If you've already found a home, it will likely take between 45 and 60 days to close the mortgage based on national averages.
Remember that your situation can vary widely depending on your creditworthiness, employment history, and other aspects of your financial life.
You can speed things up by preparing for the seven steps of underwriting outlined below.
In today's marketplace, the valuation report can be a major sticking point. Due to regulations, many appraisers left the company after the property downturn in the late 2000s.
This can make it more difficult to find reviewers today. Check with your lender for current review times based on recent history.
A bright spot: Fannie Mae and Freddie Mac can also waive the assessment requirement for some purchase credits. This helps with closing times.
But you can't count on that. Be careful not to promise your seller a closing speed that is too high. A key date is specified in your sales contract. You are expected to hold onto it or possibly lose the home and serious money.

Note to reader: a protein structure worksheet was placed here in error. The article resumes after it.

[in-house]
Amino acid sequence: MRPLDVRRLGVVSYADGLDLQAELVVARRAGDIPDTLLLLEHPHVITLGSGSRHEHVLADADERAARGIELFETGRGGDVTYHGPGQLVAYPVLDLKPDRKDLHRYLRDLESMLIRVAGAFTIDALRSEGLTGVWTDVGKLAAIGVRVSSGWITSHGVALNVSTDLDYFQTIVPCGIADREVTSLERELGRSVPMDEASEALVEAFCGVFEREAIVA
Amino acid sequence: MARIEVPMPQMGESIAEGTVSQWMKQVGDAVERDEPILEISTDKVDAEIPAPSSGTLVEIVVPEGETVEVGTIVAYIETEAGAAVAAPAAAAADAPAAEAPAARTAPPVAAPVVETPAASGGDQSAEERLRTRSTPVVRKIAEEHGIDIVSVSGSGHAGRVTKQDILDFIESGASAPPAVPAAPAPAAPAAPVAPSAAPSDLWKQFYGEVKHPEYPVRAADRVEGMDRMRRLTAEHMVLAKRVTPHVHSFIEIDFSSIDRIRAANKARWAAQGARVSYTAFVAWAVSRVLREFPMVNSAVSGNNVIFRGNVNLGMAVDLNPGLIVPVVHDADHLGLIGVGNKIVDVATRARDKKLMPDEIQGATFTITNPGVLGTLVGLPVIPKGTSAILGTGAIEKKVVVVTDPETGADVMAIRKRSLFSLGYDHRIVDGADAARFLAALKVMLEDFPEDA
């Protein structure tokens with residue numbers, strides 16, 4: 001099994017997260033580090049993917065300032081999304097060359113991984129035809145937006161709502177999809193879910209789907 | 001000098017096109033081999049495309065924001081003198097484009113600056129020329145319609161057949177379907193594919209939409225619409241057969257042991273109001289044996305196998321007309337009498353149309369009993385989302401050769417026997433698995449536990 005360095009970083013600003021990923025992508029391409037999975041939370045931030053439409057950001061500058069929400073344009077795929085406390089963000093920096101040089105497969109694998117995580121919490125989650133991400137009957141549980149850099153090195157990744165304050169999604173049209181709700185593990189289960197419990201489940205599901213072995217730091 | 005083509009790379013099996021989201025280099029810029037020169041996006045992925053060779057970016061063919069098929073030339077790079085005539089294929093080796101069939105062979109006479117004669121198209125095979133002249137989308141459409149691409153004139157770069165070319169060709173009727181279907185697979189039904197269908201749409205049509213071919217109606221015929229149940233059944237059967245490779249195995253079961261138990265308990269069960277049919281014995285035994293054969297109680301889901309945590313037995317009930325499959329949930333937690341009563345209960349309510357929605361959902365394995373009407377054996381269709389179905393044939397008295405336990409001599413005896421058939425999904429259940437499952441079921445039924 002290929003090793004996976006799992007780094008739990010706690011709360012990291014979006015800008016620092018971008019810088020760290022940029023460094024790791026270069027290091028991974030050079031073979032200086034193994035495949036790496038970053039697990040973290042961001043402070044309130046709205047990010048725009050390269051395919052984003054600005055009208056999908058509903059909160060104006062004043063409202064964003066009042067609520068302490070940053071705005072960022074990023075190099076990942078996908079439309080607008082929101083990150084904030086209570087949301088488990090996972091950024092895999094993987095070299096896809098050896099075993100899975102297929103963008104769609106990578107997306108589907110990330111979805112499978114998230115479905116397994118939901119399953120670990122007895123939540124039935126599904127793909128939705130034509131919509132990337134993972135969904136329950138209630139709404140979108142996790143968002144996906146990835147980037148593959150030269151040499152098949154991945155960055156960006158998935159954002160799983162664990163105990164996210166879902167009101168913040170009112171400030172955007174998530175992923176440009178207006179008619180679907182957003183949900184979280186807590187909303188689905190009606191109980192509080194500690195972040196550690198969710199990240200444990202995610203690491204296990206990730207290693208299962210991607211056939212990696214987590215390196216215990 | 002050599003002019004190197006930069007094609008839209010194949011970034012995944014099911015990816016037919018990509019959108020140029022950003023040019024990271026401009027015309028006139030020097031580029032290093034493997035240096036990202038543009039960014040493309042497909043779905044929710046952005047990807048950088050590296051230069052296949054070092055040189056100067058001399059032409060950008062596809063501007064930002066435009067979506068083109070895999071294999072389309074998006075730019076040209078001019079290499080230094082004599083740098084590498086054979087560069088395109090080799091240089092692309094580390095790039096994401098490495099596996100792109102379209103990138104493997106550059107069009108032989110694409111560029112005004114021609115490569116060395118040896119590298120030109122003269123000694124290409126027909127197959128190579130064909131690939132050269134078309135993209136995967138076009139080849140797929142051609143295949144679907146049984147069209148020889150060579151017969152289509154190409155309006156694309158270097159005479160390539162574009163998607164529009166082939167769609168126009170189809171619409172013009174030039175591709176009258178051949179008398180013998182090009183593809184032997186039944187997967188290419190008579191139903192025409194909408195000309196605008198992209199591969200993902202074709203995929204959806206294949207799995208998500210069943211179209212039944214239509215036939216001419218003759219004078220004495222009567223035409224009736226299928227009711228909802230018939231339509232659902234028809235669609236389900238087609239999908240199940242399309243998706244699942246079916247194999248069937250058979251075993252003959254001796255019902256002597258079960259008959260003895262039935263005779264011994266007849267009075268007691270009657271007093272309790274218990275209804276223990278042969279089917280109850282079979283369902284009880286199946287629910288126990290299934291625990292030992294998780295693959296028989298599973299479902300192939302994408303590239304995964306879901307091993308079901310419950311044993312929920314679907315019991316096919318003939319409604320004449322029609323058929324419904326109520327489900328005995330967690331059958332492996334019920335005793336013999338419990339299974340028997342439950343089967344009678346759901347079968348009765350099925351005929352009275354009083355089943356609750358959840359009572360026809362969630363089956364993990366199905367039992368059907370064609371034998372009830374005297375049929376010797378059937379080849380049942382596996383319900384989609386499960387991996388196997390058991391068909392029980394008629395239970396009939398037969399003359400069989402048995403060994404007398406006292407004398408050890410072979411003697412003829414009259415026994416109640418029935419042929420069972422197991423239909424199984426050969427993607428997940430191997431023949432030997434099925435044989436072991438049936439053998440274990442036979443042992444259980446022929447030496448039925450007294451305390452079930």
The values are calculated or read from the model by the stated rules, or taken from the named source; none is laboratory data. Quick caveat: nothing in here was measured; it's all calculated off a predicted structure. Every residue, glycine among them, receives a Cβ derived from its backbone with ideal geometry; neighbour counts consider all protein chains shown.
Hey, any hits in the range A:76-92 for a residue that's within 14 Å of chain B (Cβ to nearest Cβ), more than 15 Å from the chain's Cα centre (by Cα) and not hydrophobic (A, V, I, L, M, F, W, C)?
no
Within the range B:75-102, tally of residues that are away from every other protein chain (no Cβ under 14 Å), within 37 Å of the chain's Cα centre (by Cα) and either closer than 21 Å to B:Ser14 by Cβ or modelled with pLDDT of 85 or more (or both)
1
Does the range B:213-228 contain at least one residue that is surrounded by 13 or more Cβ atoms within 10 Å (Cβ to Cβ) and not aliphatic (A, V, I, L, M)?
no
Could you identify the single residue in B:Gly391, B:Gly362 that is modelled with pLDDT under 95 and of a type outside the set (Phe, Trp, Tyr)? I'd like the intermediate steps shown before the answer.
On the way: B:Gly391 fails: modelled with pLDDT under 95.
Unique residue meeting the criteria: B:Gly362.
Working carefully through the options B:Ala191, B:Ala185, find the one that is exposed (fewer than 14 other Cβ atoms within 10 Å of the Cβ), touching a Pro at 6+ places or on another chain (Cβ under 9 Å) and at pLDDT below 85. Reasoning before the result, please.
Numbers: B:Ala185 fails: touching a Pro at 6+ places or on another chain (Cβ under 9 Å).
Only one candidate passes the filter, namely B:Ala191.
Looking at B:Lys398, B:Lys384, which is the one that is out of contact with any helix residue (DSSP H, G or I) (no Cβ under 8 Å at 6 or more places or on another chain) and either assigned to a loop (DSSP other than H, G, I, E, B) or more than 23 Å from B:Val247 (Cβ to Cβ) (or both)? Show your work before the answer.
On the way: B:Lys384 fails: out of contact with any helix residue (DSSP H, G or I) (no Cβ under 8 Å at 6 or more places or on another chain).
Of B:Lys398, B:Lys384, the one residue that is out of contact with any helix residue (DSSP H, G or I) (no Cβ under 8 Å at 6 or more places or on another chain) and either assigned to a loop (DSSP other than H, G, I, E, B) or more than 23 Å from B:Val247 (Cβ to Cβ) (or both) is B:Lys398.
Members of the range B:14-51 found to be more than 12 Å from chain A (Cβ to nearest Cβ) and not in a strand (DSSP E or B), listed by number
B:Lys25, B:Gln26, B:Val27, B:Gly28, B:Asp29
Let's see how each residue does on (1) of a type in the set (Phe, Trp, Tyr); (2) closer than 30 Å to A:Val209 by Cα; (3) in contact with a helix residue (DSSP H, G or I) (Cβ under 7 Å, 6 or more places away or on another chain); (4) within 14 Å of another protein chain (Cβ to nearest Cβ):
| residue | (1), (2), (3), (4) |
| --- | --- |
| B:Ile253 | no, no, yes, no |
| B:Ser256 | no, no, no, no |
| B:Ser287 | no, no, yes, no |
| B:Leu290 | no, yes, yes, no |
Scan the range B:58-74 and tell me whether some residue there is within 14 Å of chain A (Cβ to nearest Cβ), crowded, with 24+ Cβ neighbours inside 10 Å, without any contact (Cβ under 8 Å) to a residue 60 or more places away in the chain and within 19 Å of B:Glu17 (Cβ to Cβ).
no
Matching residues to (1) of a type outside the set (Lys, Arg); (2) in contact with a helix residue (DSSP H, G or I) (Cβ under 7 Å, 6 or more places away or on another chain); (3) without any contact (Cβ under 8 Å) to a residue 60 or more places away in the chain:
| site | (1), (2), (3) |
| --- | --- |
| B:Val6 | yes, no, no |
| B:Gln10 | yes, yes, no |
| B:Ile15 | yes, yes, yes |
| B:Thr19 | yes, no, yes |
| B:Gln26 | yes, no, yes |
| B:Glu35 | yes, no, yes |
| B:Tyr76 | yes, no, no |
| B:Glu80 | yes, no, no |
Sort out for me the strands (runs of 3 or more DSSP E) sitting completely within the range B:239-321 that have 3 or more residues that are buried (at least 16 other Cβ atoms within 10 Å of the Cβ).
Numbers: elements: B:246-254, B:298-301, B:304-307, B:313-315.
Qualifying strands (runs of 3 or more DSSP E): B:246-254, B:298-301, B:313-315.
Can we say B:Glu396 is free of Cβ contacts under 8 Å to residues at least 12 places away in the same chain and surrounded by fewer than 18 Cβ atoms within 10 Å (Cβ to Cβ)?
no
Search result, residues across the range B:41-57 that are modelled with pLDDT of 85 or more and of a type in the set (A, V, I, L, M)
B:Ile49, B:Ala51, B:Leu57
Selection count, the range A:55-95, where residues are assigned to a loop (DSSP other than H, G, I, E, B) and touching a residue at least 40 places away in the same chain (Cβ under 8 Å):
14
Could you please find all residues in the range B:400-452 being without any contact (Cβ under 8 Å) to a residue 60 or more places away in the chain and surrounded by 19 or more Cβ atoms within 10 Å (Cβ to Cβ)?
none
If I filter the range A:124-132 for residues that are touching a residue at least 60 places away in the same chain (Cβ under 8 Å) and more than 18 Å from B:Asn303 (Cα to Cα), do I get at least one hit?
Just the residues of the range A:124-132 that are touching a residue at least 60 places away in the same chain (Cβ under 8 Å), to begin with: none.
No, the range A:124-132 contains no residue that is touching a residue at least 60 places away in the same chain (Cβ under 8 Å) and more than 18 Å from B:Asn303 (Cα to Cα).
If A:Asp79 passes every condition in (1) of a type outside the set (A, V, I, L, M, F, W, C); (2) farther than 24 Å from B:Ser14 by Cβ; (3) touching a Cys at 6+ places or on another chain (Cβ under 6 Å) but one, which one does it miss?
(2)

Most importantly, have an honest conversation with your loan officer about how long it will take to finalize your mortgage loan.
Ask for a realistic or even pessimistic valuation considering the underwriting, processing, valuation, health review, and closing / financing.
Better to guess "long" is better than having overly optimistic timeframes that you cannot reasonably hit.
How long after the exam to close a mortgage?
When your evaluation is complete, congratulations. You have completed one of the longest steps in the buying process.
You may be wondering how much longer you have to wait.
Typically, mortgage insurers will work on your approval while the assessment is in progress. When the evaluation comes in, the lender should be more or less ready to go.
It shouldn't take more than two weeks to close your mortgage after the valuation is complete.
It should not take more than two weeks for the assessment to be completed.
However, that is not a promise. There are still many potential problems.
Your lender may find an issue with the appraisal (peeling paint, roof in need of repair, etc.) that needs to be addressed. Or the seller may have a problem with the home they are buying and are delaying the sale.
But don't let these things bother you. They are common and are usually resolved in one way or another. Nevertheless, be vigilant with your lender. Make sure your file expedites the rest of the loan application process.